Cambridge in the twilit mist

I went wandering with my camera again this afternoon. For some reason, I thought it would be a good idea to get some photos of Cambridge in the mist, just as it was getting dark. I had the whole afternoon when the light was better, but wanted to make things hard on myself. I guess I always preferred night photography, though I should have taken a tripod!

Magdalene Bridge

Misty Punts

Magdalene College

Cobbles of St. John's College Forecourt

St. John's First Court

St. John's Bridge of Sighs

The Master's Lodge Tree

New Court Cloister

New Court Cloister

Bridge of Sighs

Tree in Night Mist

Bridge of Sighs at Night

Magdalene Bridge at Night

Cambridge Mist & Frost

It was rather misty and frosty in Cambridge this morning. Oh, and pretty cold as a result :)
I got a few photos on my way into work this morning. Poor spiders…






I had to stop there, as I was running late for work, and I couldn’t feel my fingers.
That evening, I couldn’t resist getting a photo of the giant snowman by the Cineworld. It’s HUGE!


Colour & Form

Inspired by a series of photographs taken by a friend, I set out to take a series of photos of eye-catching colours, shapes and textures, while in South Africa in March/April 2006. The intention is that the subject of each photo should not be instantly recognisable, but appreciated for the patterns and forms contained. I printed the photographs that I took, and put them into a “walbum” for the inspirational friend’s birthday, which she appreciated; the photos look great together, and I repeated the exercise when travelling around Italy in September 2006.

View original South Africa photos
View original Italy photos

South Africa

Colour & Form - South Africa


Colour & Form - Italy

Panoramic Photos from Italy

I travelled around Italy in September 2006, and took lots more photos, including a few sets of photos which stitch together to form panoramic views. I took two 360 degree panoramic views, in Venice and Sienna, which are shown in Java Applets below. You can drag the view around with your mouse, or use your keyboard’s arrow keys. Pressing – or + lets you zoom out or in, although the images are displayed at 1:1 resolution already.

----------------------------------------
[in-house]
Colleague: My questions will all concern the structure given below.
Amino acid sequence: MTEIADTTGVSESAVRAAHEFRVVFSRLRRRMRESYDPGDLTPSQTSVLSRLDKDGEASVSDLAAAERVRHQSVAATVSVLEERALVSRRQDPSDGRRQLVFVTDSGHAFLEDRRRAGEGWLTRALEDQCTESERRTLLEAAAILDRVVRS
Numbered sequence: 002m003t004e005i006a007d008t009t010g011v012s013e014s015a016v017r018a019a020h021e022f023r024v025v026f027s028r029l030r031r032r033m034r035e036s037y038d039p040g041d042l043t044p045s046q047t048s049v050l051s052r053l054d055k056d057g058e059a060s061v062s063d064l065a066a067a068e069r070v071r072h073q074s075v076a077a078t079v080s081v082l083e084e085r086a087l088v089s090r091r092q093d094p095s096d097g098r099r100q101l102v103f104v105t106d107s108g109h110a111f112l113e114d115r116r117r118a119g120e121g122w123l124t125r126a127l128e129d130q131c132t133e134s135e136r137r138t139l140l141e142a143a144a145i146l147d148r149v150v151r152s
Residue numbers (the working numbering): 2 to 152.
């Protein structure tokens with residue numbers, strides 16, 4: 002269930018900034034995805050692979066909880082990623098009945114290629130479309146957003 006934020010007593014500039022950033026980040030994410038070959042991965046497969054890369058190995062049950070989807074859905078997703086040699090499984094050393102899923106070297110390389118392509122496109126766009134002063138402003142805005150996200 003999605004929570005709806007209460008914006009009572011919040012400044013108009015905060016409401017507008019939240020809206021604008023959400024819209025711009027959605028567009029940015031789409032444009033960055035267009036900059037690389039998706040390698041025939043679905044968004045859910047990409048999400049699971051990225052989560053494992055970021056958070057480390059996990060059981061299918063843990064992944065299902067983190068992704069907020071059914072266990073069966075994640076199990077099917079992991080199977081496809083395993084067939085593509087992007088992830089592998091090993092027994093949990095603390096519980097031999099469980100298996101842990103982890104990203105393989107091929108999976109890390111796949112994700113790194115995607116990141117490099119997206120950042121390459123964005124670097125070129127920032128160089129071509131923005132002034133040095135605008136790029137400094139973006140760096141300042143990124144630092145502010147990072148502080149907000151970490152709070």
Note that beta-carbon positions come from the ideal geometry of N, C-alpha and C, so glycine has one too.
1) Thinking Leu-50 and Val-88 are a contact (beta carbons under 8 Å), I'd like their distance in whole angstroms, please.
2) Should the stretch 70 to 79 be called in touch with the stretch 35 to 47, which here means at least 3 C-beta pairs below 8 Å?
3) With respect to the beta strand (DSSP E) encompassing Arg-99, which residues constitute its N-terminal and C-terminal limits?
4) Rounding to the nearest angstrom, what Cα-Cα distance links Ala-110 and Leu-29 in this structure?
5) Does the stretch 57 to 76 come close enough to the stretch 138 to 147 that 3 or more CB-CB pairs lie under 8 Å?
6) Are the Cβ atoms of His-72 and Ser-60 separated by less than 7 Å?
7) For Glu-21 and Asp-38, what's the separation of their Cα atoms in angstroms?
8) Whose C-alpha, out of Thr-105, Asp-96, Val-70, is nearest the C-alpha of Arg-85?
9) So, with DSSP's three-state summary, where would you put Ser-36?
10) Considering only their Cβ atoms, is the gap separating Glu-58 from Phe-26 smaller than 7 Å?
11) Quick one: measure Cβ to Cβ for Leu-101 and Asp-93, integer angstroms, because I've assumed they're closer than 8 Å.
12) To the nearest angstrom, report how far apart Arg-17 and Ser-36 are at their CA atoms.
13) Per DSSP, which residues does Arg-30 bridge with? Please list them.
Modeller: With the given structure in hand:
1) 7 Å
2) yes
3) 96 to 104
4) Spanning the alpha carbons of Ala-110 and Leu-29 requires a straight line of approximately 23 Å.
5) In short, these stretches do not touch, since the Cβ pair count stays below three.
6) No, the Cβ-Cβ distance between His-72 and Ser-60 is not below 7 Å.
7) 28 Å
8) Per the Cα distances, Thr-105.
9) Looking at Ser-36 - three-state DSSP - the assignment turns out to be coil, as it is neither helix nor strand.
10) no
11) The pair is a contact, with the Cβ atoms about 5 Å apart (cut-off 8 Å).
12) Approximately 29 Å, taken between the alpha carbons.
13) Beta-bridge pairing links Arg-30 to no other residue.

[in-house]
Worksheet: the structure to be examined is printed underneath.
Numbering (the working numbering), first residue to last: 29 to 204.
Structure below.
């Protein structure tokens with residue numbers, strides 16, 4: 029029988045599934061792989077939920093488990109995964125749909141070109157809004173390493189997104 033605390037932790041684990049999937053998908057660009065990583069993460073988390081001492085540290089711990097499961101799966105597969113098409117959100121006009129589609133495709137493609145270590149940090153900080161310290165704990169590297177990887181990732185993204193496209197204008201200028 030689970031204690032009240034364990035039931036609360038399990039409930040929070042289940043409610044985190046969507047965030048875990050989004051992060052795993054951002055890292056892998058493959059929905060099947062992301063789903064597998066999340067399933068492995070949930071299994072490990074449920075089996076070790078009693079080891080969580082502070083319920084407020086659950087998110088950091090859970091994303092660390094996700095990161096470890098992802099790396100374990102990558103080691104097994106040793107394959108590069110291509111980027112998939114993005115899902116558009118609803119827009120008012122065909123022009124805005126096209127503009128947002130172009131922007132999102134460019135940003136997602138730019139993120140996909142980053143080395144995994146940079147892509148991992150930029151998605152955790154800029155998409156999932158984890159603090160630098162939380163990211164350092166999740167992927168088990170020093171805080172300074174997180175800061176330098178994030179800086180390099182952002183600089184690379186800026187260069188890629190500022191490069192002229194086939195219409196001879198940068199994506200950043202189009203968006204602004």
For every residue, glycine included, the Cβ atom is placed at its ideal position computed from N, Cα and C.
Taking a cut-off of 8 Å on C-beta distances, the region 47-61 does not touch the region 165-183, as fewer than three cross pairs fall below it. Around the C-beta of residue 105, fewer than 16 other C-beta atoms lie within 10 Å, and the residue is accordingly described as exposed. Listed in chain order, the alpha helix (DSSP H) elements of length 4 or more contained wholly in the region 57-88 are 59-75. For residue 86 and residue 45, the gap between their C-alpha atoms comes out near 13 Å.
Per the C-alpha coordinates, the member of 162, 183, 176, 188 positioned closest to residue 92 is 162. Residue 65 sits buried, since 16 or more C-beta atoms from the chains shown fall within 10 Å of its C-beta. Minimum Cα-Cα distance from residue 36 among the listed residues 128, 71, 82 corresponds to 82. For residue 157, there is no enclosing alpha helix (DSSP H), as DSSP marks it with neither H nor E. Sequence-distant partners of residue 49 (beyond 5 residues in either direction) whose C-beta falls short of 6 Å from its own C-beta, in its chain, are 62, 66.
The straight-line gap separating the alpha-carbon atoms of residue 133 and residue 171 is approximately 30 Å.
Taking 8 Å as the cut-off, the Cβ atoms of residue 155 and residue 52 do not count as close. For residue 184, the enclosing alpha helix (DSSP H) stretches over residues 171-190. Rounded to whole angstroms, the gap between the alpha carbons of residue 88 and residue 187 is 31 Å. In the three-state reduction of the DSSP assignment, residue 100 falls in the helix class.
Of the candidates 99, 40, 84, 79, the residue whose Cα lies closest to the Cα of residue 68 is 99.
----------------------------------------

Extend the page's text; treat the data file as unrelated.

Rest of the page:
Venice: Panoramic view from the Campanile di San Marco, about 100m above St. Mark’s Square. Visible in the panorama are St. Mark’s Square (with its multitudinous pigeons), the Doge’s Palace, and St. Mark’s Basilica.

Venice Panorama
Click to view panorama

Siena: Panoramic view from the Campanile, about 100m above the Piazza del Campo
Siena Panorama
Click to view panorama

Milan’s Vittorio Emanuele Arcade

Milan Panorama
Click to view panorama

Verona at night

Panoramic Photo of Verona at night


Panoramic Photo from Positano beach

Hi-Res Panoramic Photos

During my trip to South Africa, I took several sets of photos at various stunning vistas, which I would stitch together back home. Well, now that all the other photos have been tweaked and added to CantabPhotos, I’ve started stitching some of them together (I use the open source stitching software Hugin, along with Autopano). At Blyde River Canyon, I had taken 19 photos at 8 megapixels, and once I’d cropped the resulting stitch down to the region I wanted to keep, I ended up with a 26 megapixel image, with 19 Photoshop layers. I very painstakingly checked the blending/overlap of each layer to ensure no seams were visible at all (it took me about 5 hours!). I ordered a 30″ x 14″ print of the panorama (printed and delivered next day by Photobox), and it looks absolutely stunning.